Women in War
Marissa Roth Photos
American photojournalist Marissa Roth traveled to Jordan in December 2018 as part of her One Person Crying: Women and War photography project. In camp as well as urban settings, in International Medical Corps health clinics and women’s centers, Marissa visited with multiple Syrian refugees whose lives have been torn apart by a brutal eight-year war. She gathered the stories of women and girls who are struggling to start over in the wake of violence — in both the political landscape and the confines of their own homes.
When working as a photojournalist, Marissa becomes intimately acquainted with the details of her subjects’ lives, even as she remains on the outside looking in. Arriving in Jordan, she wrote in her journal:
“I’m trying to center myself to do this work — to meet and talk to the refugees — to secure my own mental health, anchor it to compassion, yet not get unhinged by the trauma. I can feel my armor coming back on — the edge of toughness, not sharp enough to cut anyone, but secure enough so I, hopefully, won’t be injured.”
Straddling the deep pain and resounding resilience of her subjects, Marissa emerged with captivating photos that simultaneously illuminate staggering tragedy and undeniable transformation. Below are some of those photos, and the stories she will never forget.
Eight years into Syria’s civil war, the tiny Arab nation of Jordan houses 1.25 million Syrian refugees. Currently, 36,000 of them live in Azraq refugee camp, where International Medical Corps provides lifesaving care across three healthcare clinics. Throughout the camp, Marissa witnessed “sorrow under the surface” and “hope on the surface” in the menial daily tasks of refugees, the monumental efforts of aid workers, and across the spectrum of routine tea-making and urgent lifesaving interventions. Says Marissa:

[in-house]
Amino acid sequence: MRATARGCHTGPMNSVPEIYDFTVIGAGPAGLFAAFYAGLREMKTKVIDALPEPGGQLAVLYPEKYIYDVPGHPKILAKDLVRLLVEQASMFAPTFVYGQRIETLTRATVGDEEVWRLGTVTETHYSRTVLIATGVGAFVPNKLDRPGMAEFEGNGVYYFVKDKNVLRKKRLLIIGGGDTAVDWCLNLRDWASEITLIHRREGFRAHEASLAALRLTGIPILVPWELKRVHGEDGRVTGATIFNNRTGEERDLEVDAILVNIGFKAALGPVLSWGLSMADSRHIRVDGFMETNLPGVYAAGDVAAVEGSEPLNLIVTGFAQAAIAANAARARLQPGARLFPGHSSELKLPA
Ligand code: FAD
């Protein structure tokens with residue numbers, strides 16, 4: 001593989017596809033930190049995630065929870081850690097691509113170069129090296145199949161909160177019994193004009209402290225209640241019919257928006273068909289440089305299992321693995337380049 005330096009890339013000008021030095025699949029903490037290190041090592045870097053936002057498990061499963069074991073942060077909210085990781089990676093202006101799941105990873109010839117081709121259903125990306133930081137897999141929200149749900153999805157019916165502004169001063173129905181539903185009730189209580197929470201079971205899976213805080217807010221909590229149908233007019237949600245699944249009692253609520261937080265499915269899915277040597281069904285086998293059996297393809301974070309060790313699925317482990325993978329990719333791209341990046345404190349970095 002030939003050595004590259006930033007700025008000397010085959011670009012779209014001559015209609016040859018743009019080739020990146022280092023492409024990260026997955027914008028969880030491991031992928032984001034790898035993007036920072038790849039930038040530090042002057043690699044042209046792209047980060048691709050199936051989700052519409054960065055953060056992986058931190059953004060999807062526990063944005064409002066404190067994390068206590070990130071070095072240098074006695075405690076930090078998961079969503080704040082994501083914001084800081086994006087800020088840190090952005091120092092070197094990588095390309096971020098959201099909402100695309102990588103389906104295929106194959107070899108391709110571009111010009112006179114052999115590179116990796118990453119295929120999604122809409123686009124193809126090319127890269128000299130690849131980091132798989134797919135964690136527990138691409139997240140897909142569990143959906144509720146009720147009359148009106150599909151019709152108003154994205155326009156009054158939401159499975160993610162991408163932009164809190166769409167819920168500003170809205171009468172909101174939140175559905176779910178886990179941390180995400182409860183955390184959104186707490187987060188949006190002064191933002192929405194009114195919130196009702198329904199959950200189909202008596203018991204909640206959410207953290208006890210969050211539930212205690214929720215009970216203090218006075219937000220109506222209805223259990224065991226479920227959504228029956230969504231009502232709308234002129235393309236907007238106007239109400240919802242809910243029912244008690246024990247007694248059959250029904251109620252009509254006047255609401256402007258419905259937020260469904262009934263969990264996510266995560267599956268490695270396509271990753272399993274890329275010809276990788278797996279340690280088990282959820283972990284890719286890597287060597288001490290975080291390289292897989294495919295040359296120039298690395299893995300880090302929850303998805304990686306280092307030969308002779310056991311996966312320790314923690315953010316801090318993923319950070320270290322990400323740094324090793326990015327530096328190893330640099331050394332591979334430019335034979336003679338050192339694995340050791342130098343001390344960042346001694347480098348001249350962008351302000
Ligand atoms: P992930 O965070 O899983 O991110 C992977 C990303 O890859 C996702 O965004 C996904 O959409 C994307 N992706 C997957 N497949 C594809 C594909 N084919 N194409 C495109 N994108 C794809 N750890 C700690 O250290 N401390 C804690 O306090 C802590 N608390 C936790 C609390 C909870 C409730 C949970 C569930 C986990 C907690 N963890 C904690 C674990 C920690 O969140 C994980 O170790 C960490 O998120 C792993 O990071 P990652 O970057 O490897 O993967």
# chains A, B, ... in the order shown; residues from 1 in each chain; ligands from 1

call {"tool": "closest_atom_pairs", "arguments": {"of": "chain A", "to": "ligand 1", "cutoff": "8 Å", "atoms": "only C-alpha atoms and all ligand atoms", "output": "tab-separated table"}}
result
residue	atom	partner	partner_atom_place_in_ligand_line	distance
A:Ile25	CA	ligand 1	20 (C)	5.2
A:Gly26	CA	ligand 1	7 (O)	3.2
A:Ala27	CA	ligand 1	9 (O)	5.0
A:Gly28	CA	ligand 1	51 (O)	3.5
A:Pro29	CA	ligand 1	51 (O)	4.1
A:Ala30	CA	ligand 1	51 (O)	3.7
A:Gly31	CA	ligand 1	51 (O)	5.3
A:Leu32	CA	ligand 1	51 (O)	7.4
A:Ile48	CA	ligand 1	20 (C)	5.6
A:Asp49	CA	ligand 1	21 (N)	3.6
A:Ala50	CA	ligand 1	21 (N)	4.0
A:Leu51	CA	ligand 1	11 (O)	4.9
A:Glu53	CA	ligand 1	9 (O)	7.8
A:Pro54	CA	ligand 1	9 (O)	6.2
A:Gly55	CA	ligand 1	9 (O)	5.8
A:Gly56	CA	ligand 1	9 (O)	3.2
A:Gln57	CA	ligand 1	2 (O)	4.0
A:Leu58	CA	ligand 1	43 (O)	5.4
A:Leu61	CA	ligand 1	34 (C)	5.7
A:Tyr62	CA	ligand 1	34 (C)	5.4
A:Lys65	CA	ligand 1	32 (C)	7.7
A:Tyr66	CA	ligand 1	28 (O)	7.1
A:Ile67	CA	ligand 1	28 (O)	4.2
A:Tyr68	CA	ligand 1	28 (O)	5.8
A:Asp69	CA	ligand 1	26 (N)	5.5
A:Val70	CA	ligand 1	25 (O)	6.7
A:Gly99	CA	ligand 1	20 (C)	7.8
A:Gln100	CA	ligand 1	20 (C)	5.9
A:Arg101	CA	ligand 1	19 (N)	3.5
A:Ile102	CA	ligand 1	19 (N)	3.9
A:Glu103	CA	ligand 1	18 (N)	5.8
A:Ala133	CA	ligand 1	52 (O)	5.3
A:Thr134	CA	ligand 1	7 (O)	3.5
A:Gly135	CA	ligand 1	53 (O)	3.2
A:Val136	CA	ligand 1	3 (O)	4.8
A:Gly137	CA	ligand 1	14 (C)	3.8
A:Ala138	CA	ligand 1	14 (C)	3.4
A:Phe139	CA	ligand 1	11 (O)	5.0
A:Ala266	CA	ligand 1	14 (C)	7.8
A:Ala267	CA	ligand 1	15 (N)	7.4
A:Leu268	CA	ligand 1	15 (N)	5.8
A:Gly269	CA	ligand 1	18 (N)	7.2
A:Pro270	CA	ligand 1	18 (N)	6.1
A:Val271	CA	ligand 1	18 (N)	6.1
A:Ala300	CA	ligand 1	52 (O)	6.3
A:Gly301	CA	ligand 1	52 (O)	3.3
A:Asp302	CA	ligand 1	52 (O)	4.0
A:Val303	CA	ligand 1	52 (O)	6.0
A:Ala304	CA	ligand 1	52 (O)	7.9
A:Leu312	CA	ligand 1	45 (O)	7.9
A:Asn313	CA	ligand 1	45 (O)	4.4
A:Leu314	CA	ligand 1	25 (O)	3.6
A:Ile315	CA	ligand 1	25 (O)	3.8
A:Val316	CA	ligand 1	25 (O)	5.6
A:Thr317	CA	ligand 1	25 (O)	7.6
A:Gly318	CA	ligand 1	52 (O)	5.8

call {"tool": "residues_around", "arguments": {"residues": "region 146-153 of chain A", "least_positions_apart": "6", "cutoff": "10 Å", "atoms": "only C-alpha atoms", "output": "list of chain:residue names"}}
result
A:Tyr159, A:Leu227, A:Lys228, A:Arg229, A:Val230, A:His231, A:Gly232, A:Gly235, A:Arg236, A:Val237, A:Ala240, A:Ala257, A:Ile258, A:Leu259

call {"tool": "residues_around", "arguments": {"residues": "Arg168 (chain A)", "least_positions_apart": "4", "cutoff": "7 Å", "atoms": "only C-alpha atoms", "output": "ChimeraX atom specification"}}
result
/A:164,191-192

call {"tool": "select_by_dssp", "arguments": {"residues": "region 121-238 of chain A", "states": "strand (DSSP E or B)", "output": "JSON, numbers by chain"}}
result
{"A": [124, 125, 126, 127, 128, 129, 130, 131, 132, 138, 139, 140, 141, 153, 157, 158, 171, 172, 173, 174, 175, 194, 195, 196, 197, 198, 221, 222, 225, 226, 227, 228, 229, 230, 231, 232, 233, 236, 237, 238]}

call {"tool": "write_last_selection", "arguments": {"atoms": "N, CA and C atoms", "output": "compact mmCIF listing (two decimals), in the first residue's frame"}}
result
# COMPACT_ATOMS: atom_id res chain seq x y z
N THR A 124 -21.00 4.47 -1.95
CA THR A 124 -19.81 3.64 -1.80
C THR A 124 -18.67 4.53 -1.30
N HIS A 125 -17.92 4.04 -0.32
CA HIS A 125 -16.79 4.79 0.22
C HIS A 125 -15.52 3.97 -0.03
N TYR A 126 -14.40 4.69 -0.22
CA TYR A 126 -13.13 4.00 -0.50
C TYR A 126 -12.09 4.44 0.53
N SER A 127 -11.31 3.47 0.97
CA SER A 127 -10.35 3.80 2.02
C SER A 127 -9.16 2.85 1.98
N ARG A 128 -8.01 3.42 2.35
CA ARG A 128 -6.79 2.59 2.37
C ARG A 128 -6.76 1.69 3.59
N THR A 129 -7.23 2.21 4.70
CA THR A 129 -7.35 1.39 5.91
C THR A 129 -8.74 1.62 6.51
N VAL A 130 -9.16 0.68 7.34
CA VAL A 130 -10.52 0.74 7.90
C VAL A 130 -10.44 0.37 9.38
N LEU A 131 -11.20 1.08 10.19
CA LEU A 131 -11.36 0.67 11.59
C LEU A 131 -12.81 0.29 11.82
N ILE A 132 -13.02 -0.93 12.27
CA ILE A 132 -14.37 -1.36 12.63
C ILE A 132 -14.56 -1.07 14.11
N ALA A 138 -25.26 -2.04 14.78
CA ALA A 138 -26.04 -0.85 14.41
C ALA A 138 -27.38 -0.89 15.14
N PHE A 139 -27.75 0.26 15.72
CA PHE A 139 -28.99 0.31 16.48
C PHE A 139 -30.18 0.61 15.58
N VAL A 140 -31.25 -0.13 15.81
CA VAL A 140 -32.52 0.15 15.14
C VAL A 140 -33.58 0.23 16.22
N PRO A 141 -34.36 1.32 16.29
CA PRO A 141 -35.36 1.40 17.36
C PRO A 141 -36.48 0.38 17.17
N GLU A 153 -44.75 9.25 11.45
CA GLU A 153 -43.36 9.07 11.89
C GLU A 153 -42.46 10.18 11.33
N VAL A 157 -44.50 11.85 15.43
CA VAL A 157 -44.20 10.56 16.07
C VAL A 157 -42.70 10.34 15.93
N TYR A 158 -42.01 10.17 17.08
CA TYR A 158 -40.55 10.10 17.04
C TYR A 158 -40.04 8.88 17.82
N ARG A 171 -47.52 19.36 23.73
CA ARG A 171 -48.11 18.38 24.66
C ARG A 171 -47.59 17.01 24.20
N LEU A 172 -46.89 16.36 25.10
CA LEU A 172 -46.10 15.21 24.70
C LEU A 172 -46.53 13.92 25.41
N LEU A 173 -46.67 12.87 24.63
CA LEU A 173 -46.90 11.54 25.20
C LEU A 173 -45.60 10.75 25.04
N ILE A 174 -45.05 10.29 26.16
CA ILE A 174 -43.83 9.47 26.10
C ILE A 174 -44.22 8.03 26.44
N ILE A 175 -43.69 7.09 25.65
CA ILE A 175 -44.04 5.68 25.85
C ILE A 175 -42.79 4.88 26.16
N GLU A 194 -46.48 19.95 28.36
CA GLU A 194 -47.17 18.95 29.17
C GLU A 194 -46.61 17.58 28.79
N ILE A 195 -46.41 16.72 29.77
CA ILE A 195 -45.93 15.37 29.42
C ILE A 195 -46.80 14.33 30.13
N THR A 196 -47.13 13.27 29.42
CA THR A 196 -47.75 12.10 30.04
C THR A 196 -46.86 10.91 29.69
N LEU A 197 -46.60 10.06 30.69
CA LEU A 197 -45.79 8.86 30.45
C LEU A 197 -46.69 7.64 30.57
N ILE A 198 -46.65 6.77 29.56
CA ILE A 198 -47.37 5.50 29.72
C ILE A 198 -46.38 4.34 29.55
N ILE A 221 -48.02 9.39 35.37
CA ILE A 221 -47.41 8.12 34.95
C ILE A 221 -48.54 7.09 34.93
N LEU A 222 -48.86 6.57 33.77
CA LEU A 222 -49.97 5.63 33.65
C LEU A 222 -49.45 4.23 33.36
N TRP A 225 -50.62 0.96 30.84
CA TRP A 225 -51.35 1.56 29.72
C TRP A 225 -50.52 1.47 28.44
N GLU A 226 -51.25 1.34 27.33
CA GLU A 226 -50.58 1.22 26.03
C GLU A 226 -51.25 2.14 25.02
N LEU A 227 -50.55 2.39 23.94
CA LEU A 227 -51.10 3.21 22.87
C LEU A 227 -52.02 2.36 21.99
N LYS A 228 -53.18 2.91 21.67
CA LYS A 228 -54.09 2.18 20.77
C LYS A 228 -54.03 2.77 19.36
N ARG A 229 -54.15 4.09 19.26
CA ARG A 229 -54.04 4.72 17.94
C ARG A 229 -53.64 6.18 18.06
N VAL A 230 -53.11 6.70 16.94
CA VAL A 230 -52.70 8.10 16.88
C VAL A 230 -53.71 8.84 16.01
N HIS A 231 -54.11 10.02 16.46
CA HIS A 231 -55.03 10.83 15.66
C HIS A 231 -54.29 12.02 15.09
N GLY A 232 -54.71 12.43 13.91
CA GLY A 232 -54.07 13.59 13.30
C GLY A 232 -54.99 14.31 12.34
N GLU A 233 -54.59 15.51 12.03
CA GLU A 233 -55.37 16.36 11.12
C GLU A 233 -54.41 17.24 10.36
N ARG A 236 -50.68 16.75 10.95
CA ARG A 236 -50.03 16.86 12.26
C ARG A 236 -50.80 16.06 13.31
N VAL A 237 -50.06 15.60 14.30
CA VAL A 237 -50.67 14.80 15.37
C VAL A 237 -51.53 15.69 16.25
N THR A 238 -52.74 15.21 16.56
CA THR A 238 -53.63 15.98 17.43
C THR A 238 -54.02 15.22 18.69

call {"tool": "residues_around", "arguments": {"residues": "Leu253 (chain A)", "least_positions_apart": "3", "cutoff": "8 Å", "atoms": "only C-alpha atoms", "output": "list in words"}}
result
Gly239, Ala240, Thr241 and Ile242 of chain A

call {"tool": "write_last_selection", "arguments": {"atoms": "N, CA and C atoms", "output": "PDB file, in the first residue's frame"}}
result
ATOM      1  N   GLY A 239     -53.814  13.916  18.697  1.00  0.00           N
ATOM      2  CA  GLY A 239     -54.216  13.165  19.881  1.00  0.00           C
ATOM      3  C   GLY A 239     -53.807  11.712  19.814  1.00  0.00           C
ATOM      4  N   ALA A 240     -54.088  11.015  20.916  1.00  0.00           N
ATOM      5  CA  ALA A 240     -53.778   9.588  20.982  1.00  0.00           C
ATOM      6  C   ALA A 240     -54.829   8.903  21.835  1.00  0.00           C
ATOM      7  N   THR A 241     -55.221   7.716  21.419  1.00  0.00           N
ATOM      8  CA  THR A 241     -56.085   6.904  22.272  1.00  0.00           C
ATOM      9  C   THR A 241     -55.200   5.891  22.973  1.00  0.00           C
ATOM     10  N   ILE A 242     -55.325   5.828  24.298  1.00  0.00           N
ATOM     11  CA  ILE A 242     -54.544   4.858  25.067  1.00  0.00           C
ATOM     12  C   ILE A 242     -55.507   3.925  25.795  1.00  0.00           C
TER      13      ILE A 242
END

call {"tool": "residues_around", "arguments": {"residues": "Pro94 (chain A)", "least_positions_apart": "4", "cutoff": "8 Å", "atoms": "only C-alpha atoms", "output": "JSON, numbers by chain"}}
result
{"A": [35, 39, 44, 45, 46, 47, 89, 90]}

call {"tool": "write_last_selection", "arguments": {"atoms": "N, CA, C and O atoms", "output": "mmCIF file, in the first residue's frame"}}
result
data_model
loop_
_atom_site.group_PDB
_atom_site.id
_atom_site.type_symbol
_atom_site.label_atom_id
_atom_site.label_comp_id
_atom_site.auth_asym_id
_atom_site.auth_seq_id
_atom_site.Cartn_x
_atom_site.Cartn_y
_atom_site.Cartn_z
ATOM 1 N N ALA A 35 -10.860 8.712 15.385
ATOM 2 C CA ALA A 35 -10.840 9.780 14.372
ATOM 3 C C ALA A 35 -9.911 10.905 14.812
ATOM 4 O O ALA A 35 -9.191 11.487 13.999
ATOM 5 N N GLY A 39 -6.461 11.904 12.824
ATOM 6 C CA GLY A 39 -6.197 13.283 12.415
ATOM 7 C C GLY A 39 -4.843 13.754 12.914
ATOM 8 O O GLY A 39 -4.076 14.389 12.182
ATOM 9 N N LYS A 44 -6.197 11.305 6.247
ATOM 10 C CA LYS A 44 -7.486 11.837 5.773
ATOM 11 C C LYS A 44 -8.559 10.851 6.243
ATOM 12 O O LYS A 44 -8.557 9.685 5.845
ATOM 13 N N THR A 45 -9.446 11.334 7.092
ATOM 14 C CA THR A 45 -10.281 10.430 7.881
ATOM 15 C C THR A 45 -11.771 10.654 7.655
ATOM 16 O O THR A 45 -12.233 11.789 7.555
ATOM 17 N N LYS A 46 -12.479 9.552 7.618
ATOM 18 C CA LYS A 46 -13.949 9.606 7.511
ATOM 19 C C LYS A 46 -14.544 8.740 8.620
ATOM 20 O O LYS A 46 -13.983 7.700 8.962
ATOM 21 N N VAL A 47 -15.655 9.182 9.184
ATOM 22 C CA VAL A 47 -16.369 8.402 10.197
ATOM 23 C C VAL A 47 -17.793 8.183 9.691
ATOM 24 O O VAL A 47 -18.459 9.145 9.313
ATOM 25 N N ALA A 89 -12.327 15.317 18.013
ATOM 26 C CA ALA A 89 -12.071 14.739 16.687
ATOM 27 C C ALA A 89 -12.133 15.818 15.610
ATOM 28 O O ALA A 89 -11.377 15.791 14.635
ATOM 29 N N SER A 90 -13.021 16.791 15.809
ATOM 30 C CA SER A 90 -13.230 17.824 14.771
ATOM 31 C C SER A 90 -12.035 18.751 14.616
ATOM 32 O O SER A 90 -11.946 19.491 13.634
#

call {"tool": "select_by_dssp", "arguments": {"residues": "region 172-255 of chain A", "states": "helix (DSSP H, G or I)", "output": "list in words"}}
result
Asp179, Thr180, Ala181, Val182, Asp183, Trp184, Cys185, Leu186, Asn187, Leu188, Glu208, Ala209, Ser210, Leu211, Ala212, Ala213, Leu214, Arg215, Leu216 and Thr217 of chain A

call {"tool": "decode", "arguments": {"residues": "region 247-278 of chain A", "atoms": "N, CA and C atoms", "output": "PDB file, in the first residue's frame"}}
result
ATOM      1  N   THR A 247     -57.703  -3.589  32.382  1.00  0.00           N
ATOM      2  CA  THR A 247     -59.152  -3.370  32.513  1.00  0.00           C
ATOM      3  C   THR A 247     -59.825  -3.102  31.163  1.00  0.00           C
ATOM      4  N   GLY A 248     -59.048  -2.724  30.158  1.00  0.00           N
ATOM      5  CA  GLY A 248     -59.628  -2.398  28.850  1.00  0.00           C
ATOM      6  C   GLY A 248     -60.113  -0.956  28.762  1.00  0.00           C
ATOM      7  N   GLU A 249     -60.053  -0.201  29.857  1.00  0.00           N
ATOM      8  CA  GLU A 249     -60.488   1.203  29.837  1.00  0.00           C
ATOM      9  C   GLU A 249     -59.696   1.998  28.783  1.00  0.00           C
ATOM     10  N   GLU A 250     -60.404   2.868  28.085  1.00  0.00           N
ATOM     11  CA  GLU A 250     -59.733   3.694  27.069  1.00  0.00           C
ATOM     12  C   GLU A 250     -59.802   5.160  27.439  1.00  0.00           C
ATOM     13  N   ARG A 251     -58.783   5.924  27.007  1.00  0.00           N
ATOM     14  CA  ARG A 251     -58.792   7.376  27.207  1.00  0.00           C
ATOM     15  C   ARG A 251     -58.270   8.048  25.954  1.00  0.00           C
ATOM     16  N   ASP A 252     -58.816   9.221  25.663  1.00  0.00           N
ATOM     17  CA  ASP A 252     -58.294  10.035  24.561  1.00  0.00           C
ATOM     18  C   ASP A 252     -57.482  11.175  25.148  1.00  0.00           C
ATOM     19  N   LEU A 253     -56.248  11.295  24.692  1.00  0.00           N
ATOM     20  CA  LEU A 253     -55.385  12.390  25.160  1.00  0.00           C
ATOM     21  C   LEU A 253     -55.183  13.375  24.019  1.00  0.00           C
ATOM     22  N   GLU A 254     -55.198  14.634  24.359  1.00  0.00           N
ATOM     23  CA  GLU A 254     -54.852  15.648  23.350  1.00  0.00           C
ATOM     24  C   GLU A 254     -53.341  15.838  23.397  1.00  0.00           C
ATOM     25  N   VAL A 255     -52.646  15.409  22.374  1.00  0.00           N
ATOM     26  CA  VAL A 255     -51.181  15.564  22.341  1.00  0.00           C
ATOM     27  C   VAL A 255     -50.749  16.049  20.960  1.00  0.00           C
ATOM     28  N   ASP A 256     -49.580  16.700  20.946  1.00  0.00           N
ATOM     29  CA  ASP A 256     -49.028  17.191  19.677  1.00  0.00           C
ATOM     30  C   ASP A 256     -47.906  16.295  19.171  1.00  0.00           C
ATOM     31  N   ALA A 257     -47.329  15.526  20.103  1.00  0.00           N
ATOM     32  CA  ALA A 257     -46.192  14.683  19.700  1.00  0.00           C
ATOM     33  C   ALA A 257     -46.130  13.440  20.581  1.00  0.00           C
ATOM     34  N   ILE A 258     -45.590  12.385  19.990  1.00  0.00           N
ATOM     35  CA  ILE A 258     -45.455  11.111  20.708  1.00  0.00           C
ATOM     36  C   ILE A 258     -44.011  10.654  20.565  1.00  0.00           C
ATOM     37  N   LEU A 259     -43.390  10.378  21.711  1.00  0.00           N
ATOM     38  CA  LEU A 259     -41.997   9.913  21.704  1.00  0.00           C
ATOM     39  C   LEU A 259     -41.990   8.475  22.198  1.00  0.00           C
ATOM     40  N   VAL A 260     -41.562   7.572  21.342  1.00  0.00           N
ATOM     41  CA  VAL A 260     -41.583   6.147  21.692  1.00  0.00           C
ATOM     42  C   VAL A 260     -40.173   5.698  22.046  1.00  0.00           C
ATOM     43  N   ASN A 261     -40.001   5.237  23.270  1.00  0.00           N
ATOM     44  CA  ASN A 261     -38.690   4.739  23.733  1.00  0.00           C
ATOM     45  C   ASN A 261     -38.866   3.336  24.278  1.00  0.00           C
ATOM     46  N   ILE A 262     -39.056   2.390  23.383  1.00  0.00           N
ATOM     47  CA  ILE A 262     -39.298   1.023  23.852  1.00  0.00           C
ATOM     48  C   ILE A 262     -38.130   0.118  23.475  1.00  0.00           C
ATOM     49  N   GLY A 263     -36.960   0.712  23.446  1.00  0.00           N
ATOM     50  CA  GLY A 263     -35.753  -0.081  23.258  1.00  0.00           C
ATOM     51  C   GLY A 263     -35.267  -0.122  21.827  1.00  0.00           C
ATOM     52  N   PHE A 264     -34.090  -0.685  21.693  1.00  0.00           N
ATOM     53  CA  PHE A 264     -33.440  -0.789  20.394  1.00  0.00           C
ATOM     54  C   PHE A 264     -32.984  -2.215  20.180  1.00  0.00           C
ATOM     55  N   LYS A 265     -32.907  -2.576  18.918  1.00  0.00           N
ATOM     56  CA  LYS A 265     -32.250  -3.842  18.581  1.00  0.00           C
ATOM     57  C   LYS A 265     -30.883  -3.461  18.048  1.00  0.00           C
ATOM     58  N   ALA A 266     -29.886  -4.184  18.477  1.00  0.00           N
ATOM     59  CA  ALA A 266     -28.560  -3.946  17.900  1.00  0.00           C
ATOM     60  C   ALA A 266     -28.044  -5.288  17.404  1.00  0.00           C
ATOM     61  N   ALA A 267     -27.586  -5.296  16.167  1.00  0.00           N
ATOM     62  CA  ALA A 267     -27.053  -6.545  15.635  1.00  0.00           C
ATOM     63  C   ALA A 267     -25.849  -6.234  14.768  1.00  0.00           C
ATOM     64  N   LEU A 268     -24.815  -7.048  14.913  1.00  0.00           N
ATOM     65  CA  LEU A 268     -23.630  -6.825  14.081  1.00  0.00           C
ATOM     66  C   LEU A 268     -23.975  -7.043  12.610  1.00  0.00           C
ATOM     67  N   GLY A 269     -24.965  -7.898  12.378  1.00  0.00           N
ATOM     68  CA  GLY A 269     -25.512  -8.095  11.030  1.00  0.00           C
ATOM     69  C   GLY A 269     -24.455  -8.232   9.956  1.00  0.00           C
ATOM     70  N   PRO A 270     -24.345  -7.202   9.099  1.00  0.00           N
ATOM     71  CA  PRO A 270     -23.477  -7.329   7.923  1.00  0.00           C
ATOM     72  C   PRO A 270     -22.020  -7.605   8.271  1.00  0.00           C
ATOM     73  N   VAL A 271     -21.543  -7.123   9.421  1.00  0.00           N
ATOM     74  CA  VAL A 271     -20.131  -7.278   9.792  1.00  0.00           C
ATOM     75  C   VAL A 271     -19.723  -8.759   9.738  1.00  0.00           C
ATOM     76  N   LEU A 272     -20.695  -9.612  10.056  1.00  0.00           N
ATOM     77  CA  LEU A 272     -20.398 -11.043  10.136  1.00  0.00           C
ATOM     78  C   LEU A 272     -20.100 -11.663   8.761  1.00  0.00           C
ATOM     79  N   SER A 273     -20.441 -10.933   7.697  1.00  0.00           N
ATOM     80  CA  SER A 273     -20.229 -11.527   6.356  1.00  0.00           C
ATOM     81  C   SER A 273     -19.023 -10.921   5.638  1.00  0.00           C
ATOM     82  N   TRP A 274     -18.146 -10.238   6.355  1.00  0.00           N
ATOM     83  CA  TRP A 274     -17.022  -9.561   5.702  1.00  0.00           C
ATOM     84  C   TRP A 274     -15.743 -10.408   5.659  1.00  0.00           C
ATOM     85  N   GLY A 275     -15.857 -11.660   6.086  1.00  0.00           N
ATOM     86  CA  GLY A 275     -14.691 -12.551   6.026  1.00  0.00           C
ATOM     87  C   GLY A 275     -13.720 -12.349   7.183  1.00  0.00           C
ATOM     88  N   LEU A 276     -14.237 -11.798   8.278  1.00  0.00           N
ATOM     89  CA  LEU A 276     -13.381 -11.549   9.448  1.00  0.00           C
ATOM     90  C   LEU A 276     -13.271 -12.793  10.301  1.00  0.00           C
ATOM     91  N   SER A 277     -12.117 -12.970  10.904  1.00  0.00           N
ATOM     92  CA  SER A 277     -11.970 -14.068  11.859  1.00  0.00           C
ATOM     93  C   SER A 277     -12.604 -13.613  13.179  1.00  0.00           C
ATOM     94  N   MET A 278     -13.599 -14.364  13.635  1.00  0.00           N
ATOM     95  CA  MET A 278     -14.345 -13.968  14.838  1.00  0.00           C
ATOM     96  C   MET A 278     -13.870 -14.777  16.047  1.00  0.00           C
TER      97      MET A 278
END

“In spite of losing almost everything, they haven’t lost their pride, their humanity or their dignity. They still have life.”
Haneen Alawad, 16, is a refugee from Homs, Syria. She and her family came to Jordan in 2013. At the age of 14 — in the eighth grade — Haneen was forced by parents desperate to ease the financial burden of war to marry a man she barely knew. Haneen wanted to continue her studies and graduate; instead, she found herself a child bride, physically abused by her mother-in-law and sister-in-law, who beat her pregnant belly. Haneen is now divorced, but her son — who is 18 months old (the same age as Haneen’s younger brother) — was taken by her husband, and she is not allowed to see him. Yet despite these tragedies, Marissa sees Haneen as “beautiful, strong, bold and hopeful.”